People who are trying to eat healthier often choose salad as a meal option because they think it will help them to lose or maintain a healthy weight. But many times the salad that they make at home or that they order in a restaurant is full of fat and high in calories. While the ingredients listed are popular ingredients in many salads, they add very little nutritional value to your meal. Instead, they fill your salad bowl full of needless fat grams and useless calories. Exactly how many calories are in a salad? Numbers vary greatly. A basic iceberg lettuce salad with tomatoes, cucumber, carrots, red pepper, and low or zero-calorie dressing (such as lemon juice or vinegar) has about 125 calories. But many salads that you see on restaurant menus have more. If you want to order a lower-calorie, healthy salad, avoid these unhealthy ingredients.
The bacon loaded on top of your favorite salad might add a whopping 400 calories and 30 grams of fat to the total nutrition. Of course, the number will depend on how much bacon is added. But bacon on any salad is bound to boost the fat and calorie count significantly. So are bacon-style toppings any better? Not really. Many processed bacon (flavored) bits aren’t really made out of meat, so they provide no nutritional benefit. In fact, some contain a mixture of trans fat, salt and, believe it or not, sugar! So skip the salty, fatty toppings and add crunch and flavor with nutritious, lower-calorie savory vegetables like radishes or peppers.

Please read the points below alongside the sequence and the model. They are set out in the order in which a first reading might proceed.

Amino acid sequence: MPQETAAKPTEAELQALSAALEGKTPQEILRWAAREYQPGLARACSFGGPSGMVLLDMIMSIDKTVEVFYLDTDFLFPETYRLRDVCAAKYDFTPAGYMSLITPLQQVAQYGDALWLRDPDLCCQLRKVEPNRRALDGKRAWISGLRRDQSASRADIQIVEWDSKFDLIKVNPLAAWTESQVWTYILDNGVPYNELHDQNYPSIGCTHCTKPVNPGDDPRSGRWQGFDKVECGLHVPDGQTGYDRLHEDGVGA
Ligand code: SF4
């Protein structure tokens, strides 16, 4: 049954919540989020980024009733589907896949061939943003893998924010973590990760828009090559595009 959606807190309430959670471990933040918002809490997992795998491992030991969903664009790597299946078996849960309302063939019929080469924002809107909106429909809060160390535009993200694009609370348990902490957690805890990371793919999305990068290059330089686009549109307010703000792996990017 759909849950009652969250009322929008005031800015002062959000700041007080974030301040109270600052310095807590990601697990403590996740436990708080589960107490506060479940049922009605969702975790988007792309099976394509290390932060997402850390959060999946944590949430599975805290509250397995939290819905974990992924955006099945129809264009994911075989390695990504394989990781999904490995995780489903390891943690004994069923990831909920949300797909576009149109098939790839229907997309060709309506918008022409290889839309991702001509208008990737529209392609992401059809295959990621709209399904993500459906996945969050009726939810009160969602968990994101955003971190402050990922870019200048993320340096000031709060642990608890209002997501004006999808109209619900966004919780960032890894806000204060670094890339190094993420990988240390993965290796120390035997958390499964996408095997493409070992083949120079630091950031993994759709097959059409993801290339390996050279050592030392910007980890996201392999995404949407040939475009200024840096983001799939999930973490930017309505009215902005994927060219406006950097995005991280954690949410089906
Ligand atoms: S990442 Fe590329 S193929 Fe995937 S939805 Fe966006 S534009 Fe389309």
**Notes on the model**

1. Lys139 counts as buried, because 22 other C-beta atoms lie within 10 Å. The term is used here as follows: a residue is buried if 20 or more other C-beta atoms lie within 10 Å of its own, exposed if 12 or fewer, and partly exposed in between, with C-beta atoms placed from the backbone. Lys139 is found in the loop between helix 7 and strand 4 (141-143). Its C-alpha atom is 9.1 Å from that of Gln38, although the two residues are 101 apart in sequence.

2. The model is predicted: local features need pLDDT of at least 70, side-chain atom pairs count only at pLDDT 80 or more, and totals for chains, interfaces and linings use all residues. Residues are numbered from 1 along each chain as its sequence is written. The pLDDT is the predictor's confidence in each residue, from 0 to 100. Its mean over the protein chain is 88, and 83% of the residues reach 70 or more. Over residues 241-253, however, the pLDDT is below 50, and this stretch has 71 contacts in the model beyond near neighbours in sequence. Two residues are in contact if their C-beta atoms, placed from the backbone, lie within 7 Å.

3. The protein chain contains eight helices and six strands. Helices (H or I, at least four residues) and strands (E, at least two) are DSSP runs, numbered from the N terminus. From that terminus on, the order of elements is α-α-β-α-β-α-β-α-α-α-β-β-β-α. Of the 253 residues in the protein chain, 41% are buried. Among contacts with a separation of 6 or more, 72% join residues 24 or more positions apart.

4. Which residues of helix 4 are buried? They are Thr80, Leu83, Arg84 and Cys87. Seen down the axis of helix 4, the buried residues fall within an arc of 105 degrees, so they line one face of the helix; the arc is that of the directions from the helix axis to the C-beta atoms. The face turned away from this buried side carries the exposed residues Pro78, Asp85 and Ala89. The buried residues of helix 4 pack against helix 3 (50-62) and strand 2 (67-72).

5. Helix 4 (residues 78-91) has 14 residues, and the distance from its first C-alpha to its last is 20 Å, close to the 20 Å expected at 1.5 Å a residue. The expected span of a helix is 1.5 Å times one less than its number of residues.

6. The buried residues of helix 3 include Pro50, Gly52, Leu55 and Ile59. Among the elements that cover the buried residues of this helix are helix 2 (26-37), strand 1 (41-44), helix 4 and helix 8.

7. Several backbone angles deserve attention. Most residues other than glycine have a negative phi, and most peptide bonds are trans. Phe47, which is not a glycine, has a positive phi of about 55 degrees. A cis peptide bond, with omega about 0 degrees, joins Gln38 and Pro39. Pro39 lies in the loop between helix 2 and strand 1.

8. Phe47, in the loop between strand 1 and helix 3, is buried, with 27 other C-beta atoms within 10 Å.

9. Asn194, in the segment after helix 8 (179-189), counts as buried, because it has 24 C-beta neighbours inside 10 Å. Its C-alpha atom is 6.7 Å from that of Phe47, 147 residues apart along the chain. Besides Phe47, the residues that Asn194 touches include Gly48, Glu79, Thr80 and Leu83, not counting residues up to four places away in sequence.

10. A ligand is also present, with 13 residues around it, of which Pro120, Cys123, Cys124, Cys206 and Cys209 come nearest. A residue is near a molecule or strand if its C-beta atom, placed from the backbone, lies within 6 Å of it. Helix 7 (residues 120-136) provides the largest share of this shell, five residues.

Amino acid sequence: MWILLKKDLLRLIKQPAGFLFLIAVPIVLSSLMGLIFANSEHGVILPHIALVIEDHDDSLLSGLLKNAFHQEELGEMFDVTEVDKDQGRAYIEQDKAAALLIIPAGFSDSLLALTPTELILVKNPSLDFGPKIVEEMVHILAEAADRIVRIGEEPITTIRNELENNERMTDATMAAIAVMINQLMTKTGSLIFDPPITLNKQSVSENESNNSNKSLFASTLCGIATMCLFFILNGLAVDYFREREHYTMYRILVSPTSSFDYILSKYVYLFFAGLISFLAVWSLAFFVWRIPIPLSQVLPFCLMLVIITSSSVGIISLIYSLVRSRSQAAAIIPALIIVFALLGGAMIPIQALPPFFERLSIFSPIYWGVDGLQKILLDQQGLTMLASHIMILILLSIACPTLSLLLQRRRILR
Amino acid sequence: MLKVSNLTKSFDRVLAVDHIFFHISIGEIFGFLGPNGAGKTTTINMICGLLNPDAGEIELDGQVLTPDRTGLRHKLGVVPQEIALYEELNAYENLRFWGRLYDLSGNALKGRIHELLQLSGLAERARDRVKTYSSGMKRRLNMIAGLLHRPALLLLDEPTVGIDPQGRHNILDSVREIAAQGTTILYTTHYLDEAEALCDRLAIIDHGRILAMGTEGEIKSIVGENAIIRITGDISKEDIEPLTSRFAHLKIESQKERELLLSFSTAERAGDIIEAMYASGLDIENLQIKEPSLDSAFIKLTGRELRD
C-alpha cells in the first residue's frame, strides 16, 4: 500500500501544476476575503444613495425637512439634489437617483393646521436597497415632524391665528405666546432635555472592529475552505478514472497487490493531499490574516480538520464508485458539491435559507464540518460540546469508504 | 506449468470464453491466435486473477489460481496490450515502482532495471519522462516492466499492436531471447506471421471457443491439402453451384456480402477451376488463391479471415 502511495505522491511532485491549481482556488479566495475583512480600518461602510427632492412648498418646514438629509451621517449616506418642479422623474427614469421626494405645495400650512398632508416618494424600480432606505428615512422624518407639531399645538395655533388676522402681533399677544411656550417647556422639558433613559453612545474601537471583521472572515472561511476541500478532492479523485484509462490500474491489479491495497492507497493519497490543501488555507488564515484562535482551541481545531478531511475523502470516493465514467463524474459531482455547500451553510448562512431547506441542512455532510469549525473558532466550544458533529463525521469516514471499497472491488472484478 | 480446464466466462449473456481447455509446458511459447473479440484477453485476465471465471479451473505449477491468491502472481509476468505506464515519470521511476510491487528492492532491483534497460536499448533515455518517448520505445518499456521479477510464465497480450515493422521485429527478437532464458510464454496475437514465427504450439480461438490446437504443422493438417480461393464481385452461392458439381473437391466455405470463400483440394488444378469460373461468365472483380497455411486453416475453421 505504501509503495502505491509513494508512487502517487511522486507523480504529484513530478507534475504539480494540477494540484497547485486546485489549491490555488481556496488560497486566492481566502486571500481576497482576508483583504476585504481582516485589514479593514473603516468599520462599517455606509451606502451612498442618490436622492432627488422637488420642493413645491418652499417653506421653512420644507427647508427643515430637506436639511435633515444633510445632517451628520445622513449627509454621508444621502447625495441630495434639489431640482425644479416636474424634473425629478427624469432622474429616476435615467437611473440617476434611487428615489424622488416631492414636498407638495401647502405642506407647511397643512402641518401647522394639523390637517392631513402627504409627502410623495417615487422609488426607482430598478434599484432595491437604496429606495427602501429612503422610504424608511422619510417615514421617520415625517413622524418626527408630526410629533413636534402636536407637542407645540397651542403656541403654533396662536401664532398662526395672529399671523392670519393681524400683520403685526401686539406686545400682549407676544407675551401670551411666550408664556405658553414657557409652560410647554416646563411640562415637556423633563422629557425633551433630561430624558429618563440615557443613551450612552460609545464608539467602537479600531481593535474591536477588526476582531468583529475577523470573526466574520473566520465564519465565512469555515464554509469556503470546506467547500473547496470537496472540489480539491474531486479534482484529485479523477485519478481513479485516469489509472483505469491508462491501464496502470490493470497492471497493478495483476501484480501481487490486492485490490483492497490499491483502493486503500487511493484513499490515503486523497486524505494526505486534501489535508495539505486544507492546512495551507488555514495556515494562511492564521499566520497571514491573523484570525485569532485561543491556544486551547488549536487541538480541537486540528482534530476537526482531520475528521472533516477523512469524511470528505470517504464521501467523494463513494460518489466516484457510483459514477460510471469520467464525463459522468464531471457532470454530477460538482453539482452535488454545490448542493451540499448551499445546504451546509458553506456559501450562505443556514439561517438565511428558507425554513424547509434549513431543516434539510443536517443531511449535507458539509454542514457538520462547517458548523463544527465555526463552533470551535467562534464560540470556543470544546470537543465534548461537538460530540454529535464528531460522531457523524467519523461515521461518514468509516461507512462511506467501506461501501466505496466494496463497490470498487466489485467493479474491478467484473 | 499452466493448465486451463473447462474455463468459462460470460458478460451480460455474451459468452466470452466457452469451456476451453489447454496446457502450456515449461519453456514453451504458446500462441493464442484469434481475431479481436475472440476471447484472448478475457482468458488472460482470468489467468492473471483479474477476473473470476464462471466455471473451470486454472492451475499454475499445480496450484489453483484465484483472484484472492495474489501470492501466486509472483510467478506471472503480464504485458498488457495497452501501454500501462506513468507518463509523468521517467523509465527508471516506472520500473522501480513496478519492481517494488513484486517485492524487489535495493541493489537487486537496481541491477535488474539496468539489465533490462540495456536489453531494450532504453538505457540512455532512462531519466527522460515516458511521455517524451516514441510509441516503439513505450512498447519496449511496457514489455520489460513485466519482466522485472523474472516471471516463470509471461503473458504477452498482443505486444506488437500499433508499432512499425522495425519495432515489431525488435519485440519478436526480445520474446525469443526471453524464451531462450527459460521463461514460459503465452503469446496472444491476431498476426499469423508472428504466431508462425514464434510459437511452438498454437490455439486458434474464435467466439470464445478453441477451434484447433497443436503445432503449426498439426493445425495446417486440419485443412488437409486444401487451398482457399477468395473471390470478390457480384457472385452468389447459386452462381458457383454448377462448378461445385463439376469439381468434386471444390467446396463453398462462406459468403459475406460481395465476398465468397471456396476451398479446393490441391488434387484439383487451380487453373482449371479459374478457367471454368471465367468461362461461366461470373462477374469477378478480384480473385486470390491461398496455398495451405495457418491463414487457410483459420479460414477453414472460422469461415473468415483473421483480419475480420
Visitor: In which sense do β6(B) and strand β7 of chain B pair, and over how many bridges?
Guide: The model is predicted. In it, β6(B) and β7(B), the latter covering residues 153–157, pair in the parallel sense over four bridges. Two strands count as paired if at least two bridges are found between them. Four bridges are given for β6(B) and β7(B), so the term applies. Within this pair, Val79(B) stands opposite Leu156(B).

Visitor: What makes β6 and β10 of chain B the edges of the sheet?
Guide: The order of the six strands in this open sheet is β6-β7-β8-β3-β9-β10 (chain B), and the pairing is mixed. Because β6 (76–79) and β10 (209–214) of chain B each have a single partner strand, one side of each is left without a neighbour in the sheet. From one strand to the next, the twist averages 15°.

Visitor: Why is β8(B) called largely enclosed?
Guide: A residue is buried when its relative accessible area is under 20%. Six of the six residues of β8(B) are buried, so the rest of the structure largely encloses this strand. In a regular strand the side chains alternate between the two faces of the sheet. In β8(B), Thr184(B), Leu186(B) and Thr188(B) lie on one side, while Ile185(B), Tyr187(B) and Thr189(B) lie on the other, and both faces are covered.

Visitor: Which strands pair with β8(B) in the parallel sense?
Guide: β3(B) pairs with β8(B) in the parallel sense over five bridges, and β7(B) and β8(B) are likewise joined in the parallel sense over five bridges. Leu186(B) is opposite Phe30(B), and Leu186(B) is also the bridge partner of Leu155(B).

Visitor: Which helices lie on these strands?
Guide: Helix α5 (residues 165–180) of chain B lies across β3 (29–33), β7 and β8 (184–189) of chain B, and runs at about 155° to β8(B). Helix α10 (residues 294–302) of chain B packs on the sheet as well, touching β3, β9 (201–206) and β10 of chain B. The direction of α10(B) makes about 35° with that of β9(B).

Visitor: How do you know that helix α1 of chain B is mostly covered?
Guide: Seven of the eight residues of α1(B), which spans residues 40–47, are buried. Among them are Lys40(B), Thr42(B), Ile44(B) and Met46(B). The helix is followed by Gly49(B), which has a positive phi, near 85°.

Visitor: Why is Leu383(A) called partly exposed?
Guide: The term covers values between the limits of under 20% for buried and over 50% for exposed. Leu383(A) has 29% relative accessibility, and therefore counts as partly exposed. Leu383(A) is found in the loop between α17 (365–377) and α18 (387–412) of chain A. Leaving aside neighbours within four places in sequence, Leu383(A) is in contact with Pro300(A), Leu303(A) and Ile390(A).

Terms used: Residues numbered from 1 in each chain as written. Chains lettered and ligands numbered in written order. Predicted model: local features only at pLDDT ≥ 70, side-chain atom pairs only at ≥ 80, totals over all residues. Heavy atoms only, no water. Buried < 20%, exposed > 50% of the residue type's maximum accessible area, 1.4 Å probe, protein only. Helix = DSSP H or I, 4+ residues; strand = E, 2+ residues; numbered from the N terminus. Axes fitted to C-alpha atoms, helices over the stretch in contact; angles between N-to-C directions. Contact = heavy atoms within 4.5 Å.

Croutons aren’t the worst offenders when it comes to diet-disasters, but they add calories from processed grains without providing any nutritional benefit. And many times the croutons are fried so they add unnecessary fat to your otherwise healthy meal. If you’re making your own salad, be wary of crouton brands that look healthy or low in calories. If you add the number of croutons that most people add, you’ll probably add 100 or more calories in bread and oil. If you absolutely love to have a bit of crunch on your salad, try adding a tablespoon or two of a healthy, whole grain cereal like Grape-Nuts.